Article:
Brought to you by

Developers to meet for Code Retreat

Posted 5 years ago in Platform by Andrew Tokeley
Posted by Andrew Tokeley
Global Day of Code Retreat

Xero is proud to be supporting this year’s Global Day of Code Retreat, where on December 8, groups of developers around the globe will get together to practice the craft of software development.

For those lucky enough to live in Wellington, New Zealand, you get to both meet with like-minded developers and check out Xero’s fancy new offices.

For the rest of you, with over 110 events planned around the world, there may be one planned in a town near you (Kiwis should visit Kiwi Code Retreat MeetUp).

The philosophy behind Code Retreats can be summed up in the quote,

“Practice does not make perfect. Only perfect practice makes perfect.”

The quote is from Corey Haines, the originator of the Code Retreat concept. Actually it’s a quote from his elderly music teacher that she, no doubt, borrowed from Vince Lombardi – but anyway, it’s at the heart of the concept.

In the context of software development I’m not sure I agree there is a “perfect” way to do anything but it does highlight a conflict facing anyone developing for a living. You spend your working day “practicing” your craft but you have to (yes, have to) make compromises along the way. You often don’t have the time, experience, tools, knowledge, budget to do it the way you know it should be done. You have to come up with something that get’s you over the finish line but leaves you feeling like you could have done it better.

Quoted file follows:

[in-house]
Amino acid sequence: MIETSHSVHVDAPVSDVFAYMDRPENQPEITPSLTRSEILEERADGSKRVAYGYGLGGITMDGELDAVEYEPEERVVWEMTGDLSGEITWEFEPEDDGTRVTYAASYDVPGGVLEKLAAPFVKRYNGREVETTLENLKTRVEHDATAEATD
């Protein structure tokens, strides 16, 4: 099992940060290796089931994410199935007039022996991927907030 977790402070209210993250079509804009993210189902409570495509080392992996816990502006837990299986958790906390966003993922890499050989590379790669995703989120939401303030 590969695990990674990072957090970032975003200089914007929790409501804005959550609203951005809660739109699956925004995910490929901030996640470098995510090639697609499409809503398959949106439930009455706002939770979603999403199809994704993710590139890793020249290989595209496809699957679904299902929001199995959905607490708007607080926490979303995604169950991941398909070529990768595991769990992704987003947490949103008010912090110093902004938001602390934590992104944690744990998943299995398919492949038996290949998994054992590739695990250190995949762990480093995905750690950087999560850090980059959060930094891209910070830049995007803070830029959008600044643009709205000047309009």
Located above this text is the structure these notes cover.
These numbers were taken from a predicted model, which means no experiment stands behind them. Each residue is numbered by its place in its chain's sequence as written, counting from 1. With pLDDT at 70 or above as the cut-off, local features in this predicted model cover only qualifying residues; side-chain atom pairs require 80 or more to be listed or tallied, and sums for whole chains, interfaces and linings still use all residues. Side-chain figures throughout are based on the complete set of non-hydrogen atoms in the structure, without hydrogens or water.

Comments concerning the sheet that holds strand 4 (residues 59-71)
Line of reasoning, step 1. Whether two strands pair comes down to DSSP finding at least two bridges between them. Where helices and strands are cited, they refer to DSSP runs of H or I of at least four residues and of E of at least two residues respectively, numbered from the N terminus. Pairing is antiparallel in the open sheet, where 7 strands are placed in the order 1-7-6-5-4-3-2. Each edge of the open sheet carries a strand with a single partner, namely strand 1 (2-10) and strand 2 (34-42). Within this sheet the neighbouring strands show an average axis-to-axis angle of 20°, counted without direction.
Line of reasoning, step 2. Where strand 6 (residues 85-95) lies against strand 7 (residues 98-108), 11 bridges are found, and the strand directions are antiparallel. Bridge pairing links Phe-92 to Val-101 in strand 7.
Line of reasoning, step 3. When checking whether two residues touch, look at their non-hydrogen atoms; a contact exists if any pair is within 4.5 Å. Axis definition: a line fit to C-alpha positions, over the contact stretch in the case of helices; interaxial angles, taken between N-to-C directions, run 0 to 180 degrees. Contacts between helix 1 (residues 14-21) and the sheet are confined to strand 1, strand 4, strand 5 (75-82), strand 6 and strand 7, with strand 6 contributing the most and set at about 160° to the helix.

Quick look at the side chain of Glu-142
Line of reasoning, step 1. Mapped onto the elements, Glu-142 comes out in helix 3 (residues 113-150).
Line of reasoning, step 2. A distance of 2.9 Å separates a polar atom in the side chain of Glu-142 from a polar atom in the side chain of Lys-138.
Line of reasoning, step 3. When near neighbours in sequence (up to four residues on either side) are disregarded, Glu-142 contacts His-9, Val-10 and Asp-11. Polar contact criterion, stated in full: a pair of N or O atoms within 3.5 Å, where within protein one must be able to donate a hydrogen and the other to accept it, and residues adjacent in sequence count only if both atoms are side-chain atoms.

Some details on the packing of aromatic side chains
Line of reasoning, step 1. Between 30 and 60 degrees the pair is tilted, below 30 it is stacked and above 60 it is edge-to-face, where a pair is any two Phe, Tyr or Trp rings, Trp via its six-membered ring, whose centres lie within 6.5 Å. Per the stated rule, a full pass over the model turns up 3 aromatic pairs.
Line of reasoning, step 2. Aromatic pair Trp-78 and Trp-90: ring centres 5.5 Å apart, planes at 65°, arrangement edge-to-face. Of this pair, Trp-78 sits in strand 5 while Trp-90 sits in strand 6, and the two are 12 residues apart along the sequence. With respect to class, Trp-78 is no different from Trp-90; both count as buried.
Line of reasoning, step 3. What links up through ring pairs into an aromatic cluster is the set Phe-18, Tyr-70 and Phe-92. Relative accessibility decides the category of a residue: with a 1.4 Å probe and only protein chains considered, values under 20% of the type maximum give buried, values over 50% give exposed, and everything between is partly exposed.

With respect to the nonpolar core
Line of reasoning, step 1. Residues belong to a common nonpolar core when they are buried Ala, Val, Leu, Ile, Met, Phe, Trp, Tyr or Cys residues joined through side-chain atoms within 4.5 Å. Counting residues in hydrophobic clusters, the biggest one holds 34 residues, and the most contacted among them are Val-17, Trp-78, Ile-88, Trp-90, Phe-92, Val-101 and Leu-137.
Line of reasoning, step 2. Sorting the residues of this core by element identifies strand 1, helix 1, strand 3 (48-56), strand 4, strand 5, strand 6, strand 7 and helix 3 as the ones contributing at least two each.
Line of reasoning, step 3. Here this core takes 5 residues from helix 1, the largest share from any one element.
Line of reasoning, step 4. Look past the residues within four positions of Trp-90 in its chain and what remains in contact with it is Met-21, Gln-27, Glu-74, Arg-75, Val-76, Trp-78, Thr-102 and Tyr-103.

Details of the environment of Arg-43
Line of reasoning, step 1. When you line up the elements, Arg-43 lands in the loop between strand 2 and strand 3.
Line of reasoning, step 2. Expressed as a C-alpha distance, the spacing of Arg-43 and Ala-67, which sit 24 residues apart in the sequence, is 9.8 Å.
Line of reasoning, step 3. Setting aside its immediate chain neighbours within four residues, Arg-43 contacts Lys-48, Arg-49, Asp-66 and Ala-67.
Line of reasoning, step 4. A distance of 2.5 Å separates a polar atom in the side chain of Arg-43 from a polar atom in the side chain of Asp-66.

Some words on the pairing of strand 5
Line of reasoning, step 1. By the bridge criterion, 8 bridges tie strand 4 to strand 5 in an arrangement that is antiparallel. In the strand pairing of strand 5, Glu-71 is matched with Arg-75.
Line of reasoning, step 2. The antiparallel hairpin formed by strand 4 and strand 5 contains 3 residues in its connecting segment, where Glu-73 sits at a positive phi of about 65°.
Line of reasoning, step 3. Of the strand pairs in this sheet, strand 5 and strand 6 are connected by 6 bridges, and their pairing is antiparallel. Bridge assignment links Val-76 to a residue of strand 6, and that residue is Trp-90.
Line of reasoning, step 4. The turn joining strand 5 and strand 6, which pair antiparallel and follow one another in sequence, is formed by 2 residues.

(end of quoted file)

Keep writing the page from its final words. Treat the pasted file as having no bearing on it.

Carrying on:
Code Retreats aim to help you as a developer reduce the gap between the “perfect” solution and the one you end up building. Developer junkies get together for a day of coding, collaboration and generally honing their craft – and all without the harsh realities of coding for a living.

The format of the day is the same wherever it’s being hosted:

  • The day centres around modeling Conway’s Game of Life
  • There are six 45 minute sessions – each with a different focus
  • Pair-programming is necessary, as the knowledge transfer contained in that activity is essential to the practice
  • Preference given to using Test-Driven Development (TDD)
  • After each session, pairs should be swapped
  • After each session, code must be deleted, not put in a branch, not stashed, just deleted with no trace left!

So no doubt, after a day like this, when you come to work on Monday, you’ll be that much closer to living the utopian dream of writing perfect code – sounds good to me.

One comment

November 22, 2012 at 5.38 am

It seems Wellington is the cool new hangout for software developers, a shame I live thousands of miles away in the UK 🙂

Leave a reply

Your email address will not be published. Required fields are marked *